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Keep Virgin Australia in the Skies

BAM1748

Senior Member
Joined
Jul 22, 2008
Messages
5,738
I don't know anyone who wants to see less competition or Virgin pack up, but perhaps the entities who would benefit from Virgins profits (ok no profits, but if there are ever profits) should be the ones pumping equity in right now. Yes they aren't in great shape themselves but they have their own large backers as well.

Should the current shareholders float it or part thereof and see what the market really says?

I think the issue is Virgin is just too leveraged and nothing put away or able to be borrowed for a rainy day. This seems to have been born out in the Virgin attitude of refunds this week versus QF just click here for your money back.

So I'm in two minds, there are many other businesses I'd like to see survive as well but that ain't going to happen either.
 
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samh004

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I agree that Australian aviation needs a decent-sized second-player, and a new entrant starting from scratch will take a lot longer to get to that point than Virgin Australia continuing on in the marketplace; but a company that hasn't turned a profit in years and is over 90% foreign owned asking for a government bailout loan with the proviso that if it can't pay it back the government gets to be a part of that loss-making business isn't a great selling point. I'm not sure how that could have been sold better, but it was obvious even to me that all that would have happened was the government essentially owning a stake in VA in the future, getting stuck with something they don't want.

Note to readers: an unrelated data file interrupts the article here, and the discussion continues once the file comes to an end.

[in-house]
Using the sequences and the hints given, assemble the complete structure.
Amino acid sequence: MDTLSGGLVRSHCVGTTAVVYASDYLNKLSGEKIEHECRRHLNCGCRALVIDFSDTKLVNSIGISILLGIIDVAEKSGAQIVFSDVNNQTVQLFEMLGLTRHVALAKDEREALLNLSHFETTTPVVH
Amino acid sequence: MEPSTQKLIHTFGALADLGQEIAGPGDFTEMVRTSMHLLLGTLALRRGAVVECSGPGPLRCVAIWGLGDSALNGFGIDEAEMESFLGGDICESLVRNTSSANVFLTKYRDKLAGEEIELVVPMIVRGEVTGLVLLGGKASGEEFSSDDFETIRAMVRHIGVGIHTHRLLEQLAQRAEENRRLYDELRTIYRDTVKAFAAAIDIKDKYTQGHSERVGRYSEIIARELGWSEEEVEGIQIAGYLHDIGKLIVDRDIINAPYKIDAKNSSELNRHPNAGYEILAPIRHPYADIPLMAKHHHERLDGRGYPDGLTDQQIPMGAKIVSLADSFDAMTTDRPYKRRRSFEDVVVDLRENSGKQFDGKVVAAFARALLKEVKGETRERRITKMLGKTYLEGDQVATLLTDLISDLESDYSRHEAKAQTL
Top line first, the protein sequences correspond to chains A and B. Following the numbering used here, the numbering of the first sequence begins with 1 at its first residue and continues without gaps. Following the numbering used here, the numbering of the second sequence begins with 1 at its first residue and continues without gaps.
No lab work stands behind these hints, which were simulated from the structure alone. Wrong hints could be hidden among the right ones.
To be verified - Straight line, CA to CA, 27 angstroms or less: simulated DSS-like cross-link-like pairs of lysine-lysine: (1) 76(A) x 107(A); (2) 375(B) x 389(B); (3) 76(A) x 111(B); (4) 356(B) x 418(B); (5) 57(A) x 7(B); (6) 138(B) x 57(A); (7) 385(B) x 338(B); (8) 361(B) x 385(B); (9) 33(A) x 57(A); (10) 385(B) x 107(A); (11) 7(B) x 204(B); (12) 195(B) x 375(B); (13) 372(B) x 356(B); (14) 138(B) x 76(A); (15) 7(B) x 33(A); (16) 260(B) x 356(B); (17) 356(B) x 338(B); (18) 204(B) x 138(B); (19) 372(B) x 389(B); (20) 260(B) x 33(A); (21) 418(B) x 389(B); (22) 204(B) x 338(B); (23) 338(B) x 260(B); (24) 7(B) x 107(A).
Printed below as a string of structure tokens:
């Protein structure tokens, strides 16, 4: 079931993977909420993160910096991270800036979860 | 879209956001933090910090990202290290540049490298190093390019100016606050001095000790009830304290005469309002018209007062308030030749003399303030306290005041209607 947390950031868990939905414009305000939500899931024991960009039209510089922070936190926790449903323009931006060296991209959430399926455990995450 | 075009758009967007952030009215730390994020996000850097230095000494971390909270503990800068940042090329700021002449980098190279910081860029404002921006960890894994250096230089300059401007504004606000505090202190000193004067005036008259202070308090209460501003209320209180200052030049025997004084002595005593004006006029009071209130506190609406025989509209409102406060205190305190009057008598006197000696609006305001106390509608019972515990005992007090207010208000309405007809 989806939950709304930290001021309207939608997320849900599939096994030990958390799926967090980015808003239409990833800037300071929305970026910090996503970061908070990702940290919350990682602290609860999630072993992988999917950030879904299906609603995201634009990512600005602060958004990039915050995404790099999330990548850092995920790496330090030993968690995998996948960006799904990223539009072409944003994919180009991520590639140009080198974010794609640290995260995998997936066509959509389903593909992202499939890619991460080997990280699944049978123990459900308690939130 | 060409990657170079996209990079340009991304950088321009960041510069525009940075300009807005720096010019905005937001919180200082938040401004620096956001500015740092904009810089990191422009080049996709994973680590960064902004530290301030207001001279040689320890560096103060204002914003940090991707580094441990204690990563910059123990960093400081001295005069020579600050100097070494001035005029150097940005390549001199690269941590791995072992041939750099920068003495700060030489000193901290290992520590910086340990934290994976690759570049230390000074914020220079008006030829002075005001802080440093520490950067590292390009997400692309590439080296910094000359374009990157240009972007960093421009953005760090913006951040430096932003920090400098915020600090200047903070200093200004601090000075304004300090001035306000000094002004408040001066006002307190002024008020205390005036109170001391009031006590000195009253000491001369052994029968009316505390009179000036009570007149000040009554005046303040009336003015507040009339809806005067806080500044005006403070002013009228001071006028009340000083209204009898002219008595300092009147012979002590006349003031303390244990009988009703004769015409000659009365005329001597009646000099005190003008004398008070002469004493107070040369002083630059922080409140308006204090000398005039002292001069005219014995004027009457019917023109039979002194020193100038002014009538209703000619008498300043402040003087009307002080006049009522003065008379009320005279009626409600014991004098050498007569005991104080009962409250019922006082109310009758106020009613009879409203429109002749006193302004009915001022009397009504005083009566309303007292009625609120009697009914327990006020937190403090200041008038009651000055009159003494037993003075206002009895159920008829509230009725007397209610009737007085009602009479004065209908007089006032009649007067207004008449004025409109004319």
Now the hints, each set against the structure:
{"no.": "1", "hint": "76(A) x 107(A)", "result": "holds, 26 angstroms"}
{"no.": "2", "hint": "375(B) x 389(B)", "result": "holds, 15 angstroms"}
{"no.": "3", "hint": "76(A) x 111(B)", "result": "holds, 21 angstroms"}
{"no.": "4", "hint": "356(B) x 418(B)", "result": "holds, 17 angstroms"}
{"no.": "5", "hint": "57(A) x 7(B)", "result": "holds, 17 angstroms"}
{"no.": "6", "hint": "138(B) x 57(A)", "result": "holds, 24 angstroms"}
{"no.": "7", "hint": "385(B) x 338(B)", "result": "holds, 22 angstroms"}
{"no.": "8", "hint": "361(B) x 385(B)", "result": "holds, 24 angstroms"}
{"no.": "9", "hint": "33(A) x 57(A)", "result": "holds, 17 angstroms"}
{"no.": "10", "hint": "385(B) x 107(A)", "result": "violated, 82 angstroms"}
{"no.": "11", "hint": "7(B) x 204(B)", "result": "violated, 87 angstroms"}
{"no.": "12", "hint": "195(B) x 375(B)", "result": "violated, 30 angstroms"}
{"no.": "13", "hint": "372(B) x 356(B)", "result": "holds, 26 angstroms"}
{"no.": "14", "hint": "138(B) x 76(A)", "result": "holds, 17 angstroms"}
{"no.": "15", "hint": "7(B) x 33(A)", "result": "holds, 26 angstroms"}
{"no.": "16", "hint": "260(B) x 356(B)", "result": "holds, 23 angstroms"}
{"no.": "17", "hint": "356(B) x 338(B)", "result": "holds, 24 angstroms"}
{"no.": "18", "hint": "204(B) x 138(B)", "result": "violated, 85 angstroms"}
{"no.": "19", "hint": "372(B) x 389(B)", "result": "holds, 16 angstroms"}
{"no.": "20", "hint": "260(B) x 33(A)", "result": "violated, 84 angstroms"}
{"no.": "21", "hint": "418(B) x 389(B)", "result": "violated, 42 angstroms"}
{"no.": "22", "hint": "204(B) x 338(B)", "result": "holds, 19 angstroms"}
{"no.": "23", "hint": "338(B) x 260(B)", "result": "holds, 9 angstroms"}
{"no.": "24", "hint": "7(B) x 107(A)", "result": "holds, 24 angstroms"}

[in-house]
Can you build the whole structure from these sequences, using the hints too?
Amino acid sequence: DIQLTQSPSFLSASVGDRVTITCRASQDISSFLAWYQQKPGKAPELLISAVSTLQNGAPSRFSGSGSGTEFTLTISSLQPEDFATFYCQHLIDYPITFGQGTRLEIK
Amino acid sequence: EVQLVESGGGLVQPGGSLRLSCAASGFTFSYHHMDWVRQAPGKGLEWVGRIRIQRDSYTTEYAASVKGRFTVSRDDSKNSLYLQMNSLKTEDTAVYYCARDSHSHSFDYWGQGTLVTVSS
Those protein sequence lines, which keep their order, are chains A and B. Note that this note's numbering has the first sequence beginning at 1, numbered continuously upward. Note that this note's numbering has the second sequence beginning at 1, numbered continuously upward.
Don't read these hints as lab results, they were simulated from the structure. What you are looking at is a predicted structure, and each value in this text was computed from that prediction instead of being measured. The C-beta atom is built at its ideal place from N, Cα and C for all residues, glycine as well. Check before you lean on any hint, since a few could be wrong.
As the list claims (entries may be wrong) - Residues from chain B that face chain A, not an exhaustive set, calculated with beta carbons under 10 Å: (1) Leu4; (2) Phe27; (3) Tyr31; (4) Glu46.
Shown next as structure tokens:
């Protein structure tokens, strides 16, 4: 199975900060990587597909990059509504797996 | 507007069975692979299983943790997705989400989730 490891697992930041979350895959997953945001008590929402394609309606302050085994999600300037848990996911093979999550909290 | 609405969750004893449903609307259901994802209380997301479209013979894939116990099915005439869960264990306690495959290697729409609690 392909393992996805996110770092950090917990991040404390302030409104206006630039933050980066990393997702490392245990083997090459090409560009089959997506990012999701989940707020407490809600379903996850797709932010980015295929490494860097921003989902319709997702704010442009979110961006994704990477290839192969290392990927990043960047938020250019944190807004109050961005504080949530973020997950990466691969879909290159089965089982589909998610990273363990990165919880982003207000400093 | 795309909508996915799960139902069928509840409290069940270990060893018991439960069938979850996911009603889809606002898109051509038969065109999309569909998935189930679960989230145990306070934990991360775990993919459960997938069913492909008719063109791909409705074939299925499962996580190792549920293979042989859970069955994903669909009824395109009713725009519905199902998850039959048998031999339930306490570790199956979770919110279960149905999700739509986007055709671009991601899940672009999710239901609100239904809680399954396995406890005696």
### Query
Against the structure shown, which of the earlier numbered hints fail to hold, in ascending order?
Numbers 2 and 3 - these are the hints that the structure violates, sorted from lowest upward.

I'm not even from the political persuasion that is against having state-owned companies – I think they help keep the private companies a little more honest. I just can't see partially nationalising the mess that VA is right now as a good business decision.

And don't get me wrong, I was a fan of Virgin Blue, I received some of the best customer service on Fly Pacific Blue as a mid-level member. There was nothing wrong with being a mix between LCC and full service, offering PE seats up the front and ultimately, keeping costs down. It all worked really nicely. If a second- or third-player joined the market at the end of this that was more like that entity, I know who I'd pick to fly any day (when not flying Qantas of course... I have status after all).
 
Joined
May 30, 2017
Messages
74
I've just signed and shared also.

It would be a real tragedy to see VA disappear. Regardless of their financial issues, all well documented and discussed, I still feel the economic and competitive benefits of having them survive far outweigh the negatives. Ownership issues aside, what they bring to the Australian economy in the way of jobs, tourism, investment and even choice is critical to the recovery we will be facing, hopefully sooner rather than later.